Looming U.S.-Iraq Row Over Hezbollah

By Matthew Levitt

Last week, the Iraqi Central Criminal Court rejected Washington's formal request to extradite Hizballah commander Ali Musa Daqduq to the United States to face charges of murder, terrorism, spying, and other offenses filed by a U.S. military commission. Iraqi courts had dropped similar charges against him on May 29 and then again on June 25 when the decision was appealed, seemingly giving the central court cause to reject the extradition request and approve his release. "It is not possible to hand him over because the charges were dropped in the same case," the judges ruled. But the cases are not the same, and the ruling means Baghdad could soon release one of the most senior and dangerous Hizballah commanders ever apprehended. In the words of one former CIA officer, Daqduq is "the worst of the worst. He has American blood on his hands. If released, he'll go back to shedding more of it."

Background: Attack in Karballah

In the early evening of January 20, 2007, American and Iraqi military officers met at the Provincial Joint Coordination Center in Karbala, about thirty miles south of Baghdad, to discuss local security operations. A short time later, a convoy of five black SUVs was waved through three checkpoints and allowed to access the base; the trucks were carrying about a dozen English-speaking militants dressed in U.S. military fatigues and carrying American-type weapons and fake identity cards.

The assailants headed directly for the U.S. contingent, throwing grenades and opening fire with automatic rifles. After killing one American soldier and injuring three more, they grabbed four other U.S. personnel and fled the compound. Later, Iraqi police found their abandoned vehicles; inside were discarded uniforms, radios, a rifle, and the bodies of three of the abducted soldiers. The fourth died on the way to the hospital.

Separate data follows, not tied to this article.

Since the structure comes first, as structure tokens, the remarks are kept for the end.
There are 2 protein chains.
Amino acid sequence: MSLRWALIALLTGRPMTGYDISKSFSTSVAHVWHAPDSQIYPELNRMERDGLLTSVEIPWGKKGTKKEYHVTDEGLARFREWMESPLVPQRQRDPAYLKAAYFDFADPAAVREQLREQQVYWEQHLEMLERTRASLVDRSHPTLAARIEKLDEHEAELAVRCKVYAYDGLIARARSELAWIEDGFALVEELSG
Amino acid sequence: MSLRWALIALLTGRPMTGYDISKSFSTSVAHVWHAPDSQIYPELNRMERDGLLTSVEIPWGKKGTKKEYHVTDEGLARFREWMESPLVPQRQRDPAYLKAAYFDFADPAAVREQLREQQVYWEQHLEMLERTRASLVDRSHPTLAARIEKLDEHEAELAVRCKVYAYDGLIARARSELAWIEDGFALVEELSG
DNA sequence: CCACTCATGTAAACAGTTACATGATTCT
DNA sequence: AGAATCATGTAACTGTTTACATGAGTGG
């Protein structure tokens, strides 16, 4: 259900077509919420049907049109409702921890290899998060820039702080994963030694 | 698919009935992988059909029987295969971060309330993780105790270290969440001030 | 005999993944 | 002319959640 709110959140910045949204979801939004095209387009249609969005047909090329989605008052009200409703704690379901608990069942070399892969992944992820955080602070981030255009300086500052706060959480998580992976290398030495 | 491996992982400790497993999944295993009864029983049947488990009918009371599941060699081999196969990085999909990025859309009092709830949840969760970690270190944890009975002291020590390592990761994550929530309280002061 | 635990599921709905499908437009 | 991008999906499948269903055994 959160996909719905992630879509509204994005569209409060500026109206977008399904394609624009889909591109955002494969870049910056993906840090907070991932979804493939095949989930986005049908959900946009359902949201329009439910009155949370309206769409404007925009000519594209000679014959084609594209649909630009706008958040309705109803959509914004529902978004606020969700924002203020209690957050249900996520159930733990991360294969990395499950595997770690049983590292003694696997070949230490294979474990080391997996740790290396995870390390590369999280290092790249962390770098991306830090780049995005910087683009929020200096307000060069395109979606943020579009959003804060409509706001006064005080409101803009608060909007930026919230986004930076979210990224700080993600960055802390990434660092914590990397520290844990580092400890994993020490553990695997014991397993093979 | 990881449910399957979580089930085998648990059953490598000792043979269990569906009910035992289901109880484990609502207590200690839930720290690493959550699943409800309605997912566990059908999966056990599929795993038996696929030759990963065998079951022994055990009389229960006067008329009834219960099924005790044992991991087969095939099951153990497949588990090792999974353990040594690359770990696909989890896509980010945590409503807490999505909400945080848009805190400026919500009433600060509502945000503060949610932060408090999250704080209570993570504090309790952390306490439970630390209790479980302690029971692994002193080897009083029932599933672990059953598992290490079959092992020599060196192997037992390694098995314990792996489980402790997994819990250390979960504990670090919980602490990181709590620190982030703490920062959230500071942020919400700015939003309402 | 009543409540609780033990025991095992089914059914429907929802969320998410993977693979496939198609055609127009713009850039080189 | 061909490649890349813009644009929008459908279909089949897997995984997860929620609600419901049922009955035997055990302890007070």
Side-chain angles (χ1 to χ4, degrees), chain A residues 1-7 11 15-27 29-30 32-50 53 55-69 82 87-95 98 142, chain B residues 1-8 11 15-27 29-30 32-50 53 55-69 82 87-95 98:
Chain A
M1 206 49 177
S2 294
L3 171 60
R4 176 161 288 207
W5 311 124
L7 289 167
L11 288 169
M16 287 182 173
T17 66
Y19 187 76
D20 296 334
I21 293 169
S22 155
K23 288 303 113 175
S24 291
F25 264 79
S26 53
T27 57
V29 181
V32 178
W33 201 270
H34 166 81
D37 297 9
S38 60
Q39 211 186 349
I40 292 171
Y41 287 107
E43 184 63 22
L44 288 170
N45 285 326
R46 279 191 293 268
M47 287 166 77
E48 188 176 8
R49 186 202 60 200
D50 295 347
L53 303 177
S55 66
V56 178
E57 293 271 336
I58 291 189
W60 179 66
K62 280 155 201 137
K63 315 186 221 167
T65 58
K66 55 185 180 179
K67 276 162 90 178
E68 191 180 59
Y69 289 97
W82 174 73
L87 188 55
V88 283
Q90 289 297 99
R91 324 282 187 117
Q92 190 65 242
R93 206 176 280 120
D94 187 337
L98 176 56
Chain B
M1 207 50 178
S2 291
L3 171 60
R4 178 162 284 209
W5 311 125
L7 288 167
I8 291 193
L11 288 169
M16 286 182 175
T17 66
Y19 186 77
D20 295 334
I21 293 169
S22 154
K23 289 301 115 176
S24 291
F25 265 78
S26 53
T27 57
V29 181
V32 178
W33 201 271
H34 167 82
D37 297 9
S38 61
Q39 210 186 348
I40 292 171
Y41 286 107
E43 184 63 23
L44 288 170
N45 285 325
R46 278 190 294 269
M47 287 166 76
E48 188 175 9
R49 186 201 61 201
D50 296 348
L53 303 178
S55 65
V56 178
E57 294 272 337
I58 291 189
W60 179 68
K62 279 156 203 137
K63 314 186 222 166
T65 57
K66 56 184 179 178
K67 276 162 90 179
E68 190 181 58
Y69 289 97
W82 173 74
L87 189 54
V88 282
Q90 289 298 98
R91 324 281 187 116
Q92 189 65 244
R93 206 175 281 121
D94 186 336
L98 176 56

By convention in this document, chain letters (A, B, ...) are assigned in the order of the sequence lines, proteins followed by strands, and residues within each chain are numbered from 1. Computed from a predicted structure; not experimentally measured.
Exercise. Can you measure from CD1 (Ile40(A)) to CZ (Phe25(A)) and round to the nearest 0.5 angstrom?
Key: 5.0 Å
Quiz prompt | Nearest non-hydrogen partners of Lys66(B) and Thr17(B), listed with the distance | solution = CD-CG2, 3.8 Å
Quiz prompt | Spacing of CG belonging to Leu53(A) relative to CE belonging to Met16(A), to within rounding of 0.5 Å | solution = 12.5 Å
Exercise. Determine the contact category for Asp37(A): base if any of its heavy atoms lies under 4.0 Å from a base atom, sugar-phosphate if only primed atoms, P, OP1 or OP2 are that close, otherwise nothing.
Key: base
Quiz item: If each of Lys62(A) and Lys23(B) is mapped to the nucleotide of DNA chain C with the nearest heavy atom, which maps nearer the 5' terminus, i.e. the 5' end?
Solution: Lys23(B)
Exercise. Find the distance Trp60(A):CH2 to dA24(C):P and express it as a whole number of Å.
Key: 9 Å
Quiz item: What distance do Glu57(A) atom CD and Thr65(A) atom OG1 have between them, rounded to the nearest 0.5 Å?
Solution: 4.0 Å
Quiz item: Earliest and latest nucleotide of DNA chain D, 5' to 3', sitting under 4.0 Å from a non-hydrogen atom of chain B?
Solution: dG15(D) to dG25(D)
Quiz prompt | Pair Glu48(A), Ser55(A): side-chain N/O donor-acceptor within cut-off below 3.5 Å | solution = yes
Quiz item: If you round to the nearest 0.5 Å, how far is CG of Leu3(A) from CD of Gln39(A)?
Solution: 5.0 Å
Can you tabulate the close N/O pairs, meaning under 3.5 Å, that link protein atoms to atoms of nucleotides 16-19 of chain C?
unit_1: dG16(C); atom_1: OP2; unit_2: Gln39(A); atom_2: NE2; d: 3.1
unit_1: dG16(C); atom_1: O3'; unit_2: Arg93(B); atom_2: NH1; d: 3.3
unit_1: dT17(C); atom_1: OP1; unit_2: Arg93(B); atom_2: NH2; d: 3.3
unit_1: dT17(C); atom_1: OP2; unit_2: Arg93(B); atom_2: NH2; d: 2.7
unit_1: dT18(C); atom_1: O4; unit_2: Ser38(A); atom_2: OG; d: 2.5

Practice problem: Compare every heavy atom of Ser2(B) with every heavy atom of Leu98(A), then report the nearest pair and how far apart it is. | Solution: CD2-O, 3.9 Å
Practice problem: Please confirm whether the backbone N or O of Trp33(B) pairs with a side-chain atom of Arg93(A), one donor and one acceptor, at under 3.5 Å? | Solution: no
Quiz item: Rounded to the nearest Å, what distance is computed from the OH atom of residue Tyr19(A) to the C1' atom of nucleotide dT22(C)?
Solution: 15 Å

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Capturing Daqqdug

On March 20, 2007, British special forces raided a house in Basra and arrested two wanted militants, brothers Qais and Laith al-Khazali. Also at the home was Daqduq, who pretended to be deaf and mute. Although it would be several weeks before he disclosed his true identity to coalition forces, the treasure trove of materials confiscated at the time of his arrest quickly led analysts to Hizballah, the Qods Force (an elite branch of Iran's Islamic Revolutionary Guard Corps), and a string of attacks targeting British and U.S. forces, including the January Karbala operation.

In July 2007, after piecing all of the evidence together, coalition forces held a press conference to announce the capture of the Khazali brothers and Daqduq. The military spokesman also explained the latter's importance. An elite commander who had "led Hizballah operations in large areas of Lebanon," Daqduq first joined the organization in 1983, making him one of the earliest members of a group founded in the wake of Israel's 1982 invasion of Lebanon. By the time he was arrested in Iraq, Daqduq had already "served in numerous leadership positions" within the Hizballah hierarchy.

Hard Evidence Ignored

The Iraqi contention that terrorism and forgery charges against Daqduq had to be dropped for lack of evidence is spurious at face value. At the time of his capture, Daqduq claimed to be an Iraqi named Hamad Mohamed Jabarah Alami. He held multiple false identity cards featuring his photograph and depicting him as an employee of various Iraqi government agencies, including the Council of Ministers and the Ministry of Agriculture. In reality, however, he "was in Iraq working as a surrogate for...Qods Force operatives involved with special groups." The hard evidence underpinning the forgery charge was seized at the time of his arrest and speaks for itself.

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Matthew Levitt is director of the Stein Program on Counterterrorism and Intelligence at The Washington Institute.

This was originally published as Policy Watch 1970 and is republished here with permission.

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